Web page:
I may be mistaken, but it looks to me as if Bart Stupak wants health care reform ("Obamacare") to pass, albeit with what he considers to be appropriate prohibitions on abortion funding. The majority of those who support restrictions on abortion, however, do not want "Obamacare" to pass at all. So most who are "pro-Stupak" actually want him to fail. They (you?) are not hoping Stupak wins out and gets his language adopted as law. They are hoping his language is not adopted and he manages to keep health care reform from passing. Being "pro-Stupak" in this sense is really being against health care reform more than it is in favor of Bart Stupak achieving what he wants to achieve. 
James Lindsay
7 years 9 months ago
Stupak has been in a difficult spot since he began carrying water for the USCCB on this issue, since the USCCB has given him nothing in return. Unless the USCCB can deliver enough votes to get Stupak accepted as an amendment to the Senate bill (unlikely, since all but seven Democrats are against it), they are basically hanging Rep. Stupak out to dry. At the very least, they should have the National Right to Life Committee score the Senate bill with Stupak as a must pass for a perfect pro-life record. If the USCCB can't even do that, they should quietly accept Nelson as an improvement to the status quo.
Think Catholic
7 years 9 months ago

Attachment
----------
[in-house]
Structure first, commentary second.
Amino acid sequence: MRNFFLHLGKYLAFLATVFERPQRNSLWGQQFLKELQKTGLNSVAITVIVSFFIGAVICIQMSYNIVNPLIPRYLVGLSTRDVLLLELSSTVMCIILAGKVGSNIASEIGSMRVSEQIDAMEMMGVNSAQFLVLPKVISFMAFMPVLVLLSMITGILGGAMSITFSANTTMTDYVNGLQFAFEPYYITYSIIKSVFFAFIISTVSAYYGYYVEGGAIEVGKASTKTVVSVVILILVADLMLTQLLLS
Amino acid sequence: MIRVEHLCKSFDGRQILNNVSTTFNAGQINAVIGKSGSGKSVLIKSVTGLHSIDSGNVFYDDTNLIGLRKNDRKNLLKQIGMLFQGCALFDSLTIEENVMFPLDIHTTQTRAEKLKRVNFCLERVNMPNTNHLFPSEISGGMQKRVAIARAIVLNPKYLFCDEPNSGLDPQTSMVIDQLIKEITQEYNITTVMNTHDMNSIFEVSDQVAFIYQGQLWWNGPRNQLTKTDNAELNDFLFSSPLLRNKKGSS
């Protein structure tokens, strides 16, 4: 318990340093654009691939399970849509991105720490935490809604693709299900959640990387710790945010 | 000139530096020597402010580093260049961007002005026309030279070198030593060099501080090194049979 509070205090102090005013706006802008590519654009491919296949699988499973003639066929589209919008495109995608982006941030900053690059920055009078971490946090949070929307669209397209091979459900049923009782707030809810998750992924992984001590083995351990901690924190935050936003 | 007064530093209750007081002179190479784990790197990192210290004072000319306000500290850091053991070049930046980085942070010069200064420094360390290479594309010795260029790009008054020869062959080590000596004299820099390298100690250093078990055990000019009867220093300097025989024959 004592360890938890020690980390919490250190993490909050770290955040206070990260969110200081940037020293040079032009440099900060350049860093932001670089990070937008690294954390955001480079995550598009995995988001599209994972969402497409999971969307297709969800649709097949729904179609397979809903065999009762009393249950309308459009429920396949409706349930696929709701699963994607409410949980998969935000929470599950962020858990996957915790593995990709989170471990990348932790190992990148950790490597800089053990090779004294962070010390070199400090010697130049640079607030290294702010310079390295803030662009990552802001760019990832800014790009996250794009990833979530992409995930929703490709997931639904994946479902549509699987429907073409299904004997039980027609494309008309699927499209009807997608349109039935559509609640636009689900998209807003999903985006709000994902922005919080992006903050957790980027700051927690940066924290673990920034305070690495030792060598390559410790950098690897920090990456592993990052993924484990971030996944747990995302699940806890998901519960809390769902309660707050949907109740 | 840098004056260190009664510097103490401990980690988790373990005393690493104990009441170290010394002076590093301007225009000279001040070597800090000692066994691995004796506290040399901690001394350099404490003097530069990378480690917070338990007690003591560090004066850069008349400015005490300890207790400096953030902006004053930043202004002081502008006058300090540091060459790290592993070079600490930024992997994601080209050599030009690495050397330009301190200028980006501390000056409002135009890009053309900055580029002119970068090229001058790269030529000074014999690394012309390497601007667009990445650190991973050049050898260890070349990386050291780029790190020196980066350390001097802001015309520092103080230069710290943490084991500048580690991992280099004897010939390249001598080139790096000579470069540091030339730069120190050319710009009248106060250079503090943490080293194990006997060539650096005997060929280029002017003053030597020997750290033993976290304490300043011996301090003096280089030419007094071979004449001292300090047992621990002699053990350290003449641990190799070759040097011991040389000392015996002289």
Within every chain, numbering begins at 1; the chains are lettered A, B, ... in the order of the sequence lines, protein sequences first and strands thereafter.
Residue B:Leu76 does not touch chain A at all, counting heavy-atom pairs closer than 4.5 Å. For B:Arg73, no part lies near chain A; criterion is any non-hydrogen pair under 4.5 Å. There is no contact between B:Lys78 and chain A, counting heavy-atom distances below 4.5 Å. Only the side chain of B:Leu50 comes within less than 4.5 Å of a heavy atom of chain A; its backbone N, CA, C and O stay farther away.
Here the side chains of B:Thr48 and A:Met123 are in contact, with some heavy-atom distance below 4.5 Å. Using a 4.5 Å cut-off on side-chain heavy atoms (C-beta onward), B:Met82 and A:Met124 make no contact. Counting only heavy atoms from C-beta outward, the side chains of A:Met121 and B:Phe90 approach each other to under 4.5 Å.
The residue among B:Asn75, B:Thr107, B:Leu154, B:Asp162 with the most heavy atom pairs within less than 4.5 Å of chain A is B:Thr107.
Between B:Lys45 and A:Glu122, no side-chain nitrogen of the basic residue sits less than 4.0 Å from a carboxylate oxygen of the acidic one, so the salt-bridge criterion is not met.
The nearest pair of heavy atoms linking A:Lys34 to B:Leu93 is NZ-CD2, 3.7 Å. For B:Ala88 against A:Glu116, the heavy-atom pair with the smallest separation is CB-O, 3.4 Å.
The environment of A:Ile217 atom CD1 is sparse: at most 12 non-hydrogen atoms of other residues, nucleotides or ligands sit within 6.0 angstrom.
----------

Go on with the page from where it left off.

David-you can always snatch disagreement out of a situation of consensus.  You and I actually agree in disagreeing with MSW:  MSW is being inconsistent in claiming to support Stupak while opposing Stupak's actions.  Stupak is saying NO to the Obama bill, and yes to adding true pro-life language.  I agree on both those goals.  So does AUL and NRLC. ADD THE LANGUAGE! And of course Stupak would vote yes on a bill with pro-life language.  But guess what-there is no such thing as a bill with pro-life language as a practical matter.  NO ONE IS GOING TO ALLOW THE HOUSE LANGUAGE, not Obama, not Pelosi, not Reid.  ONLY ONE OPTION will be presented:  the Obama abortion funding bill.  Only in dreamland are we faced with an opportunity to vote for health reform with Stupak's language.  I wish we were faced with that, but it's not going to happen, no way no how and you know it.  I support the call to add Stupak's language. Where are you and MSW on the issue of adding Stupak's language?  MSW is actually against it!  But there is only one decision that the pro-abortion Obama-Pelosi-Reid machine will present: yes or no on Obama's language.  On that that decision, the only decision anyone will face, Stupak favors Defeating the Bill and you and MSW want to defeat him on that goal.  Unlike MSW, you at least are consistent in not also claiming to see Stupak as a hero while he is seeking the opposite of what you seek.